Below is our latest letter to clients. You may download the full PDF here. Please share and enjoy.
For the first quarter of 2023 Andvari was up 12.3% net of fees while the SPDR S&P 500 ETF was up 7.5%.* Andvari clients, please refer to your reports for your specific performance and holdings. The table below shows Andvari’s composite performance against two benchmarks while the chart shows the cumulative gains of a $100,000 investment.
WHY ANDVARI DISLIKES BANKS
The recent failures of Silicon Valley Bank, Signature Bank, and Credit Suisse reminded us why we are skeptical of investing in banks. To Andvari, banking—in general—is not a great business to be in for the long-term. This is because the industry has multiple unattractive qualities. The following five attributes are among our least favorite for any business we follow.
First, banking is a commodity business. According to the Wikipedia definition, commodities are "economic goods that have full or partial but substantial fungibility; that is, the market treats their instances as equivalent or nearly so with no regard to who produced them." Loans from Bank A are generally indistinguishable from Bank B. Any business selling a commodity distinguishes itself by having the lowest price or by giving away the most concessions along with that commodity.
When customers have no regard for who produces the good or service in question, it means they look for the lowest price. It means lower margins and lower returns for the producer of the commodity. This does not lend itself to long-term profitability or above-average returns to shareholders.
At Andvari, we instead seek out businesses with highly valued products or services. This in turn enables higher than average margins and returns, more robust free cash flows, more dependable revenues, and often commands a stronger and longer lasting relationship with customers.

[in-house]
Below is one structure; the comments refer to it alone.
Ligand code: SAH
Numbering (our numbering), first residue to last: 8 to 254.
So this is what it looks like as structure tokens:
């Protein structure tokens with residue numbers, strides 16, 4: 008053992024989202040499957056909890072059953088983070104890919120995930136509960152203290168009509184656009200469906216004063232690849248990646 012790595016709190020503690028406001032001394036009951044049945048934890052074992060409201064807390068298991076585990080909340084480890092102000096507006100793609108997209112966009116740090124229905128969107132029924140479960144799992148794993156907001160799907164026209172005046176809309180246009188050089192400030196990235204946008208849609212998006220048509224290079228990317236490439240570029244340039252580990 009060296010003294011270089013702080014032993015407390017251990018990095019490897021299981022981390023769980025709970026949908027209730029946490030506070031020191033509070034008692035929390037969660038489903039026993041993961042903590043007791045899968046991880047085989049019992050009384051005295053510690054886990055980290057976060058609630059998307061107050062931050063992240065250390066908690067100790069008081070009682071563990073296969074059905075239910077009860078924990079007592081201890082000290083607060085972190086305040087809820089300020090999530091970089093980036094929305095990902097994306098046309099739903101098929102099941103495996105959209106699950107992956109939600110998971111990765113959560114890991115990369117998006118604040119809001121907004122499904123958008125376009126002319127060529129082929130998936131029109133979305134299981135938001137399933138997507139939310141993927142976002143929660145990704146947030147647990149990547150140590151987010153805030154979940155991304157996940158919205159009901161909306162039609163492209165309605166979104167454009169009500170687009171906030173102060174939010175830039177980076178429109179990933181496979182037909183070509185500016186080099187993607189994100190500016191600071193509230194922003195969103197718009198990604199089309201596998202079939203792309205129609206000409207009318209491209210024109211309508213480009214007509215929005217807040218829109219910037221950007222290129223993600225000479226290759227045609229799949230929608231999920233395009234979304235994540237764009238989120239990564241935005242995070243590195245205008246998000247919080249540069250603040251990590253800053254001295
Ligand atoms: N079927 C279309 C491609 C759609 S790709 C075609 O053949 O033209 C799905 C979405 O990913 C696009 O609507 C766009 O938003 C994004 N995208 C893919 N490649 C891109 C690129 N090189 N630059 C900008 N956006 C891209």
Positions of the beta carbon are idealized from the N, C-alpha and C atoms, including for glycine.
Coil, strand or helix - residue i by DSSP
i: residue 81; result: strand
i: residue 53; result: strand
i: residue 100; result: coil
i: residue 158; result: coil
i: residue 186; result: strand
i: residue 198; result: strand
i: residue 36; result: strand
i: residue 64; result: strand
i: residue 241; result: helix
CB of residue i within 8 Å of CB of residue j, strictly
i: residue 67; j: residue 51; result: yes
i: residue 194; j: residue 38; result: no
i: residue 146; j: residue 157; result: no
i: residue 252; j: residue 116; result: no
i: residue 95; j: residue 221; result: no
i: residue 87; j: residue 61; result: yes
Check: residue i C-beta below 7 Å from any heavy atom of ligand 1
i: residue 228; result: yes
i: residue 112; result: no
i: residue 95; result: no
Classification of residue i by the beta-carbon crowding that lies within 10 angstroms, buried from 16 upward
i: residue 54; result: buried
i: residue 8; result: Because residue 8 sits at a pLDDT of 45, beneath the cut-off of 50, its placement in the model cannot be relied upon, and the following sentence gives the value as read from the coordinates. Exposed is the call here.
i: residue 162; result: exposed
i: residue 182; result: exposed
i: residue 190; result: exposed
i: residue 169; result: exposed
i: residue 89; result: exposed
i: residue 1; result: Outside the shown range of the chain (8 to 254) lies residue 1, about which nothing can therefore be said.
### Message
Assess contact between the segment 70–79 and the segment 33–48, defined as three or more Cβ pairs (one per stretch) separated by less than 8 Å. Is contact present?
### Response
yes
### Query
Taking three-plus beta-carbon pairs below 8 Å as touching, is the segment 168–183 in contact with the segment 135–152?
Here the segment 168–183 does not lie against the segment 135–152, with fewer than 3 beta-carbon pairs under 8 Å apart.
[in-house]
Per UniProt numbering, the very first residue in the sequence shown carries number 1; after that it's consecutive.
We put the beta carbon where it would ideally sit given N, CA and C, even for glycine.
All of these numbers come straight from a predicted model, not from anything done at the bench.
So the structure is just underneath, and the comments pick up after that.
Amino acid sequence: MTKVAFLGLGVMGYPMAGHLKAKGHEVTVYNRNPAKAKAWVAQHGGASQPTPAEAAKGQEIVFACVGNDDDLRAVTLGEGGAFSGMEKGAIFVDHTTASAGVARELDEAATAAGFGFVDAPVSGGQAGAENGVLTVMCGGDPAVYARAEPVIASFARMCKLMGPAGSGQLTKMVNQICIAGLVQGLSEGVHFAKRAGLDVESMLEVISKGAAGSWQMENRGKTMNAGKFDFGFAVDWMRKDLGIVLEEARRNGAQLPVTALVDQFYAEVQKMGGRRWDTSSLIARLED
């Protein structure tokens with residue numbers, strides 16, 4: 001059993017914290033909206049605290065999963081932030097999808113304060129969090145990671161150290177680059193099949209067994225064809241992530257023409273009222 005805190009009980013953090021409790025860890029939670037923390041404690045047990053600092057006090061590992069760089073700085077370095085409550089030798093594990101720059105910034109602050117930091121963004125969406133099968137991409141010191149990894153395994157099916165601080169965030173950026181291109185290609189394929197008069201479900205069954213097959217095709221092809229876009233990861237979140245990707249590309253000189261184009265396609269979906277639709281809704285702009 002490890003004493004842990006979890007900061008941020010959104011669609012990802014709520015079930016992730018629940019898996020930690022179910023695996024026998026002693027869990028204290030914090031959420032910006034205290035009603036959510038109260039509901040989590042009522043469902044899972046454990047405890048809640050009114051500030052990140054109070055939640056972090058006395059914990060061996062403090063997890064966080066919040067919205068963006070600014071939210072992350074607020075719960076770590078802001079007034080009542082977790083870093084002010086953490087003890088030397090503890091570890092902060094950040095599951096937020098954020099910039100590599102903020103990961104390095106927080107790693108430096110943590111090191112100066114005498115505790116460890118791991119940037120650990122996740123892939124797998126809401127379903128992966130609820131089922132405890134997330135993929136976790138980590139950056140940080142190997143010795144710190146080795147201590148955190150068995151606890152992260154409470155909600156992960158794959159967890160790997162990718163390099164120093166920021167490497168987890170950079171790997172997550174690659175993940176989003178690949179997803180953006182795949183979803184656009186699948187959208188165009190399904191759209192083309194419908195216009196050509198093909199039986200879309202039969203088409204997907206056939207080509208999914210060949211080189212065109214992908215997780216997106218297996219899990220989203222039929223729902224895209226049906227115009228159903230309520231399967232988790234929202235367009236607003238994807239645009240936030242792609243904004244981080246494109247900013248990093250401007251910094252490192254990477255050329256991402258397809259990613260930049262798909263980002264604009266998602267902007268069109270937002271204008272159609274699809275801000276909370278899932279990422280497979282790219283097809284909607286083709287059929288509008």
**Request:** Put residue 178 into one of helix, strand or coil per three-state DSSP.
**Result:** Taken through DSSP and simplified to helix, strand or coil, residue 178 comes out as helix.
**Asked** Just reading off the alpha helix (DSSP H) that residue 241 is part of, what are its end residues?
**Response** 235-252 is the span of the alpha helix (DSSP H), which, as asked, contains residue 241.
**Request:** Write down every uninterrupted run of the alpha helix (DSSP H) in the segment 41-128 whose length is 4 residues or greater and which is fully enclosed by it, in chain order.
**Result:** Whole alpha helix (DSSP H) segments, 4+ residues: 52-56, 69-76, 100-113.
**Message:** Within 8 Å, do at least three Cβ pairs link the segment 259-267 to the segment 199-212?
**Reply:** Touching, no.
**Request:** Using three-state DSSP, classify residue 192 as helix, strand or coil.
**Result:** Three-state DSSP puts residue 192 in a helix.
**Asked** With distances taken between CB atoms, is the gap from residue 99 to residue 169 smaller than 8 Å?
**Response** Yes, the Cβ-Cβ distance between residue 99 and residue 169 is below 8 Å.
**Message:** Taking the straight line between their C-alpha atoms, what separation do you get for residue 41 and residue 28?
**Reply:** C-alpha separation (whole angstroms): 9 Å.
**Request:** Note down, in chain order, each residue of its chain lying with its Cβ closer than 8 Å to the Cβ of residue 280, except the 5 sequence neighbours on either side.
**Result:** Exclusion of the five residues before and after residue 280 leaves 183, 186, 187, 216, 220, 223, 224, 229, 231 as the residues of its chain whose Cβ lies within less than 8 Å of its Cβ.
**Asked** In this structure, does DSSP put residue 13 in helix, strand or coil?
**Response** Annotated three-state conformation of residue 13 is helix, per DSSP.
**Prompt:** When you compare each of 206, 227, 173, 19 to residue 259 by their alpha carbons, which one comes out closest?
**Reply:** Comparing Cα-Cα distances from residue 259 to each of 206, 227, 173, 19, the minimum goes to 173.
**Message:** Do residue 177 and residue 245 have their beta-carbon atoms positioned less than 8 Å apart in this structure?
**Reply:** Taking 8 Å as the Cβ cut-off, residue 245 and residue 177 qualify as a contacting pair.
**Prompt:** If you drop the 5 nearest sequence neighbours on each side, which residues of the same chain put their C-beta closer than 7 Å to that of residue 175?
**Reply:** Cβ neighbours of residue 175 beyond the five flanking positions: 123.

Rising Input Costs Difficult to Predict and Offset
Another sticking point for Andvari over banks is they have little control over a huge input cost to their product, which is interest rates. Uncontrollable and unpredictable input costs—like interest rates for a bank—do not heavily influence the cost structures of the companies Andvari favors. Even if input costs go up at an Andvari company, they can more easily raise prices to offset those costs. They have this ability because the products they sell are highly differentiated or else not easily switched out for a competing product.
Leverage is Necessary to Generate Acceptable Returns
Next, banks have low profitability from a ROA ("return on assets") perspective. Over the last ten years, the average ROA for all banks in the U.S. was a measly 1.08%. On the other hand, banks do earn a higher figure on ROE ("return on equity") that some find acceptable. Over the last ten years the average ROE for all banks in the U.S. was 10%.
However, this higher ROE is only possible because a small amount of capital supports a large amount of assets—i.e., they are highly leveraged. The businesses that interest Andvari have naturally high margins and returns on equity. They do not require debt or leverage to provide adequate returns to shareholders.
Although many of our companies sell products or services into highly regulated industries, they themselves are lightly regulated by comparison. On the other hand, a bank holding company that provides a multitude of financial services must deal with a handful of regulators. For example, here are the main regulators of JPMorgan Chase (JPM)1, the largest bank in the U.S.:
- The Board of Governors of the Federal Reserve System supervises and examines the holding company of JPM;
- JPM’s national bank subsidiary is supervised and regulated by the Office of the Comptroller of the Currency and by the Federal Deposit Insurance Corporation;
- JPM’s U.S. broker-dealers are supervised and regulated by the Securities and Exchange Commission and the Financial Industry Regulatory Authority. The Commodity Futures Trading Commission regulates subsidiaries that engage in futures-related and swaps-related activities.
- JPM and its national bank are subject to supervision and regulation by the Consumer Financial Protection Bureau with respect to federal consumer protection laws.
So many regulators and overlapping rules. This all detracts from profitability and the ability to serve customers.
Customers Can Cause the Business to Fail in a Matter of Days
Any business can make a mistake that causes customers to leave. However, only in the world of banking can customers tip the business into bankruptcy in a matter of days simply because of a lack of confidence. Andvari prefers to own businesses devoid of this "bank run" risk.
ANDVARI HOLDINGS: TYLER TECHNOLOGIES